Monday, 7 February 2011
Im not a superstitious man. Ive never owned a pair of lucky pants, I dont do the lottery, i have no Hornby-esque pre match rituals that I kid myself into believing will turn a football result a certain way. I once entertained a notion that horror scopes stopped being utter rubbish if you actually needed the advise, but thinking back, it was probably thought up on the spot to impress a pretty girl or something. I stopped believing in god and Jesus shortly after figuring out that it was my parents that were putting my Christmas presents under the tree and not Father Christmas.
Its with a little shame then, that I admit to honestly thinking that there is some sort of supernatural hand guiding me towards music. Or rather, guiding music towards me. There must be. Theres no way I could have discovered all these wonderful bands and albums by pure fluke or some sort of random. When I do a mental time line stretching from the last record I bought to the very first, and think of all the weird twigs that reach from the branches of my musical family tree, well, its impossible that it could of happened by itself. I think about, aged 20, puting 'Pop-Up-Video' on the telly as I ate my dinner, for a lack of anything else worth watching, and my ears pricking up and drawing my eyes from the newspaper to catch the end of the video of 'Carnival' by Natalie Merchant, and how buying the album the next day lead (by various odd and confusing short cuts and roundabouts) to discovering Gillian Welch, Gram Parsons, Neil Young, Saint Etienne, The Housemartins, and Judy Collins. I think about how, years later, i took a very depressed friend to see Natalie Merchant play a gig in Manchester and how for one night I managed to take her away from her demons and black cage and see the light and possibilities of art. Would that have happened if I hadn't been watching VH1 as i ate my crispy pancakes? No, we would have been in the pub. Probably sat in silence.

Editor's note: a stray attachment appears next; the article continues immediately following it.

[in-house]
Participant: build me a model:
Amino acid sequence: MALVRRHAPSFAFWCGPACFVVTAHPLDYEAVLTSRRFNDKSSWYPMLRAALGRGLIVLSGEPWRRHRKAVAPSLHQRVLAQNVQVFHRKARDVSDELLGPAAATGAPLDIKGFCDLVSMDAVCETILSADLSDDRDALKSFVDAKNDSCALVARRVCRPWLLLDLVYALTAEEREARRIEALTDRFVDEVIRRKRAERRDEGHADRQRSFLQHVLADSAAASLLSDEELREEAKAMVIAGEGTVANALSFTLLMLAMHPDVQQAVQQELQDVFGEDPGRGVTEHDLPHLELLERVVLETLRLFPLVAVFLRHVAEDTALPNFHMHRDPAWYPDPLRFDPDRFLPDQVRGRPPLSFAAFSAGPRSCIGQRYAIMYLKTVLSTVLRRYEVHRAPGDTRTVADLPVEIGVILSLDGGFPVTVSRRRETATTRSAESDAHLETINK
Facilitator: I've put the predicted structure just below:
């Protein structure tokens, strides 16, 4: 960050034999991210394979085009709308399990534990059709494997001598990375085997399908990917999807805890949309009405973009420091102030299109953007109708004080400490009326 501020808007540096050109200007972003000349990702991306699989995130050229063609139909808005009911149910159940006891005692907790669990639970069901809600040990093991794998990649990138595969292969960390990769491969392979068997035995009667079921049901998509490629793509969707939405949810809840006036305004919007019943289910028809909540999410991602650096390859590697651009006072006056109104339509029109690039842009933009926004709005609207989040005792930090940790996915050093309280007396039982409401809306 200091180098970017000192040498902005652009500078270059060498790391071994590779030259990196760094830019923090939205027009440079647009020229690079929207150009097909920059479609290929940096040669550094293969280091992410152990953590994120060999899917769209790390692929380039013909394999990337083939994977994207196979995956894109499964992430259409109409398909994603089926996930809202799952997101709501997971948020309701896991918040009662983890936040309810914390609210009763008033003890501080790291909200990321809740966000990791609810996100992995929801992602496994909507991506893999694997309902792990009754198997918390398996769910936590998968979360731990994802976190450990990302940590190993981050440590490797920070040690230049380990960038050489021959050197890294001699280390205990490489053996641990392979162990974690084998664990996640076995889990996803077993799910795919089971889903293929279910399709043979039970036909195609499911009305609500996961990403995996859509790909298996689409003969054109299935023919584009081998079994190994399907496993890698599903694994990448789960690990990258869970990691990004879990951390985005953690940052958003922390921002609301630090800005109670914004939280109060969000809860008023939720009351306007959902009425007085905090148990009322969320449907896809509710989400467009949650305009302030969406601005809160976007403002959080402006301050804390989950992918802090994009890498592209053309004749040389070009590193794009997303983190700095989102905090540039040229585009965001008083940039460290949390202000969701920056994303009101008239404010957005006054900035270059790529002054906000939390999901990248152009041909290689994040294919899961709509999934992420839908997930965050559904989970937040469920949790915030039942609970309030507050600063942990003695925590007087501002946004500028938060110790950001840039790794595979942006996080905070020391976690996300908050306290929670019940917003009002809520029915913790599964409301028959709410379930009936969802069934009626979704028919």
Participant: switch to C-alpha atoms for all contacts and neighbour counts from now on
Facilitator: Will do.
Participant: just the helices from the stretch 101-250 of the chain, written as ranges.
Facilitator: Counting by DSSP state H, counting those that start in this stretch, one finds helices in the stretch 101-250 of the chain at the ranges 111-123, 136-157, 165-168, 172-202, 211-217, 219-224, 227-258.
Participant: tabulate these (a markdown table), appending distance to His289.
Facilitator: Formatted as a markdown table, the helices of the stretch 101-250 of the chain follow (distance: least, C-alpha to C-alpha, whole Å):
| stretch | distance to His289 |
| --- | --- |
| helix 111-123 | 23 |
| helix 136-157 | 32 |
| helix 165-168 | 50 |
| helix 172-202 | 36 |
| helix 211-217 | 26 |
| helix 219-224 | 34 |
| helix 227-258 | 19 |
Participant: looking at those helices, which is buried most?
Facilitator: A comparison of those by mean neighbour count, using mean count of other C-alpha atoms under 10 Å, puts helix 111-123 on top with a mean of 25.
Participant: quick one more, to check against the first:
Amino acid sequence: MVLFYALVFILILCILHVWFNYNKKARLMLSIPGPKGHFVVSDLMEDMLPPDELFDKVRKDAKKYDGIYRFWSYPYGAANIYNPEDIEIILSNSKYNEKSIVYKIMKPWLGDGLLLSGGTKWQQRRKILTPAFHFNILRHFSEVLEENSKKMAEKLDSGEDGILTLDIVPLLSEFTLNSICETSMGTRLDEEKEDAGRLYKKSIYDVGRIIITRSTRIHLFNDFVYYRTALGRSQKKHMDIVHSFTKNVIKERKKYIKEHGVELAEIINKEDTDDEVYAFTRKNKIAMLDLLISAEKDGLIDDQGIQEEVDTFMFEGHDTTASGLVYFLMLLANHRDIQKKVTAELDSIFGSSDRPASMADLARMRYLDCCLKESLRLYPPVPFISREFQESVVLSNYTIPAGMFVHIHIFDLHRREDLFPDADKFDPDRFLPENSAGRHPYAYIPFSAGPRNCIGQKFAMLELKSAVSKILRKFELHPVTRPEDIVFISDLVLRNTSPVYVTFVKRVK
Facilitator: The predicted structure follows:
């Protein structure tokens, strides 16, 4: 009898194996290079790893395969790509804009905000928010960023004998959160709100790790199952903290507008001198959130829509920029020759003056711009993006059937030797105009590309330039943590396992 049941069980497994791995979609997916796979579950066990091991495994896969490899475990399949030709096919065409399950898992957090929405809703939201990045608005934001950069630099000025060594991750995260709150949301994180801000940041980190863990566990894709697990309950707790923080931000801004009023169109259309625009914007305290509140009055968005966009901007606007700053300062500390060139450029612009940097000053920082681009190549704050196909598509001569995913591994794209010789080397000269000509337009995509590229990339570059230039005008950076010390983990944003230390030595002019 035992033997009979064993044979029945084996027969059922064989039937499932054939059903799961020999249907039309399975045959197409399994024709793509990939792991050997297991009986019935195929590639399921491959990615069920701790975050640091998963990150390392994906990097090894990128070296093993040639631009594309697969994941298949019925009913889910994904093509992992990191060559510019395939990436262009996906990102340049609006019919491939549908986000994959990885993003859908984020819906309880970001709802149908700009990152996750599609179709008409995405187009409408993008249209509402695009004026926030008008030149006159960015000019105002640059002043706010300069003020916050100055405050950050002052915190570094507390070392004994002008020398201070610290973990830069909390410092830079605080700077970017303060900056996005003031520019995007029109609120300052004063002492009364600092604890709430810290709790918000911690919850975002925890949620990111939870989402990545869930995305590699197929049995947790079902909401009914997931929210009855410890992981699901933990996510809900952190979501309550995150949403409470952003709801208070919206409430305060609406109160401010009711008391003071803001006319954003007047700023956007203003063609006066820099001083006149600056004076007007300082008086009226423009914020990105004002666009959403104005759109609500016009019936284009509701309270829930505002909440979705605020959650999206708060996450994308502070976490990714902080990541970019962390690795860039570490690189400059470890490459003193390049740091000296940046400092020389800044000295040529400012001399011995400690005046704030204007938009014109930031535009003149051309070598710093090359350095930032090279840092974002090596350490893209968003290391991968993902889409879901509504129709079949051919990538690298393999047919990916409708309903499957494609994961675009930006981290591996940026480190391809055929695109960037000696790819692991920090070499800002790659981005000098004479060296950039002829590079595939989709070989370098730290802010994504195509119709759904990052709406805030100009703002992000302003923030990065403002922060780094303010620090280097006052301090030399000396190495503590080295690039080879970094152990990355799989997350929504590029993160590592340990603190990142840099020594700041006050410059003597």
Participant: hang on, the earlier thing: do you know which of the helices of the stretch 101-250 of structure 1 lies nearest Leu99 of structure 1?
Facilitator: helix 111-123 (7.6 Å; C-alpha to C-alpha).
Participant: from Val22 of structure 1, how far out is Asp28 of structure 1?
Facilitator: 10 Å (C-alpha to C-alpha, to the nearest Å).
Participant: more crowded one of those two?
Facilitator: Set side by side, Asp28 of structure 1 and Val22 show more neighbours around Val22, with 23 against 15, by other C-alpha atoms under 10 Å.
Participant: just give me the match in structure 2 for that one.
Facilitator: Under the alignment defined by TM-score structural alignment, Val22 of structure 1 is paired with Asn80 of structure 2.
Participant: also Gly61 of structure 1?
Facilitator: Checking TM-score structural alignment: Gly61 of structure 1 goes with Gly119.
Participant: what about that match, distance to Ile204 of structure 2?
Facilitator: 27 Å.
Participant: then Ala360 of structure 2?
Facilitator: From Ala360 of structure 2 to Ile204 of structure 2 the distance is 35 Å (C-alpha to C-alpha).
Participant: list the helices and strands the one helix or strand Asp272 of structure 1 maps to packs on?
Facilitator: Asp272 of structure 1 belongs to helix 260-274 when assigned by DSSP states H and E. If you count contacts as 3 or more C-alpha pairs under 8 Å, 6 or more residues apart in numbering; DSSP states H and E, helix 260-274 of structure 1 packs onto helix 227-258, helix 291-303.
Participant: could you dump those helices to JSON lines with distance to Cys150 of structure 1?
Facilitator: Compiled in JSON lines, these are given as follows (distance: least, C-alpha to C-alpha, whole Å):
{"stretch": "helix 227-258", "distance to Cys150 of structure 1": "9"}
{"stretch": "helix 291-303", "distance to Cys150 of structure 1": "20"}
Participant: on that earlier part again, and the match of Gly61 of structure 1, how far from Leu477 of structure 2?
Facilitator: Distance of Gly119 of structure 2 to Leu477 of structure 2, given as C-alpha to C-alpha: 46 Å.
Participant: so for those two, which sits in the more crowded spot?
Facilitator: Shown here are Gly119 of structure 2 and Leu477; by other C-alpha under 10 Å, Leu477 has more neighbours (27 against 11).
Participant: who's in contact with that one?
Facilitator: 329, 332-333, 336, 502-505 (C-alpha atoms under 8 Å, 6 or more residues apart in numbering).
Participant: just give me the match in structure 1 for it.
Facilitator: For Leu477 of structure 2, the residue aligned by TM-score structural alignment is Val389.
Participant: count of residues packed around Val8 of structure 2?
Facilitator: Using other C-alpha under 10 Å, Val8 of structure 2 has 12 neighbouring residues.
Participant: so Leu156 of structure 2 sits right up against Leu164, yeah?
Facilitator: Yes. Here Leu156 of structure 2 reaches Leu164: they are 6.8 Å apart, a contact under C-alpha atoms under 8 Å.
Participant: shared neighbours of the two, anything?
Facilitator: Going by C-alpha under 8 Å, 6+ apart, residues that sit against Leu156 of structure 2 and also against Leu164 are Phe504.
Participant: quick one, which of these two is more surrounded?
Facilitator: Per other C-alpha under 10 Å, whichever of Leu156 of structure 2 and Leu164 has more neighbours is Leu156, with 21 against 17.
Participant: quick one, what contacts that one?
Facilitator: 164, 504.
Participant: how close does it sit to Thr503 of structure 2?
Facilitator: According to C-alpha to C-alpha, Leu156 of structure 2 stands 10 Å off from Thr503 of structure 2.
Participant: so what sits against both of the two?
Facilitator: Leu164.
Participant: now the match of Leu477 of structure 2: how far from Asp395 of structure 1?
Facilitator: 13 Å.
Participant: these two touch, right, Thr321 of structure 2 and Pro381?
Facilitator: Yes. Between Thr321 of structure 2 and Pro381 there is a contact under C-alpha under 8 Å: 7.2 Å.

I think of how one day I was half heartedly clicking through the Teenage Fanclub message board when I saw thread entitled 'Recommend me some new music'. The author of the thread had put down how he was bored of the the music he was listening to at the moment, and could someone suggest something? Right underneath this request, someone had posted a picture of the sleeve of 'Lets get out of the country' by Camera Obscura. No further information, just the sleeve. Christ knows what got into me, but I knew I had to have this album. Knowing full well it wouldn't be stocked in the Shrewsbury shops, the next day I took myself to Manchester to buy it. And there it was, under C in the indie/alternative section of Piccadilly records. A record that changed my life. A record that took me to 5 different cities to see the band play, that led my to go to Kissing Just For Practise in Manchester and being semi adopted by the Indiepop community. A record that lead me to meeting countless wonderful, beautiful and inspiring people. (a few months ago, for example, I was at a gig in London when a very pretty girl raced up to me at the bar and told how me how much I should go to her Indie night. I didnt, but we have been inspiring each other ever since. She told me later she approched me because I had a Camera Obscura t-shirt on.)A record that lead me to have a part in putting the band on in my home town and have one the best nights of my life. Its mental to think how one JPEG could have such an affect on me and my life. But thats music my friends. And thats one tiny brick in the Lego house that music made.
By far and away though, the most important record to find its way into my life is Quadrophenia by The Who. I know what youre thinking, but stop. Let me get rid of some misconceptions before we start. Quadrophenia is not a mod album. The film is a mod cult movie, but the album (NOT the soundtrack, the double LP affair) is no more an album for mods than Grease is an album for rock 'n' rollers. Ive got nothing against mods, indeed, its one of the only movements you can take into middle age with any degree of dignity. But im not a mod, i was, i suppose one very briefly, in my younger days. But when i discovered that a close crop escalated my already babyish features and therefore wouldnt get me served, and that the medium sized Army and Navy parker (the only one I could find in Shrewsbury) made me look like for all the world like Rodney Trotter, I soon stopped. It takes discipline to be a mod, a discipline I simply didn't , and indeed don't, have.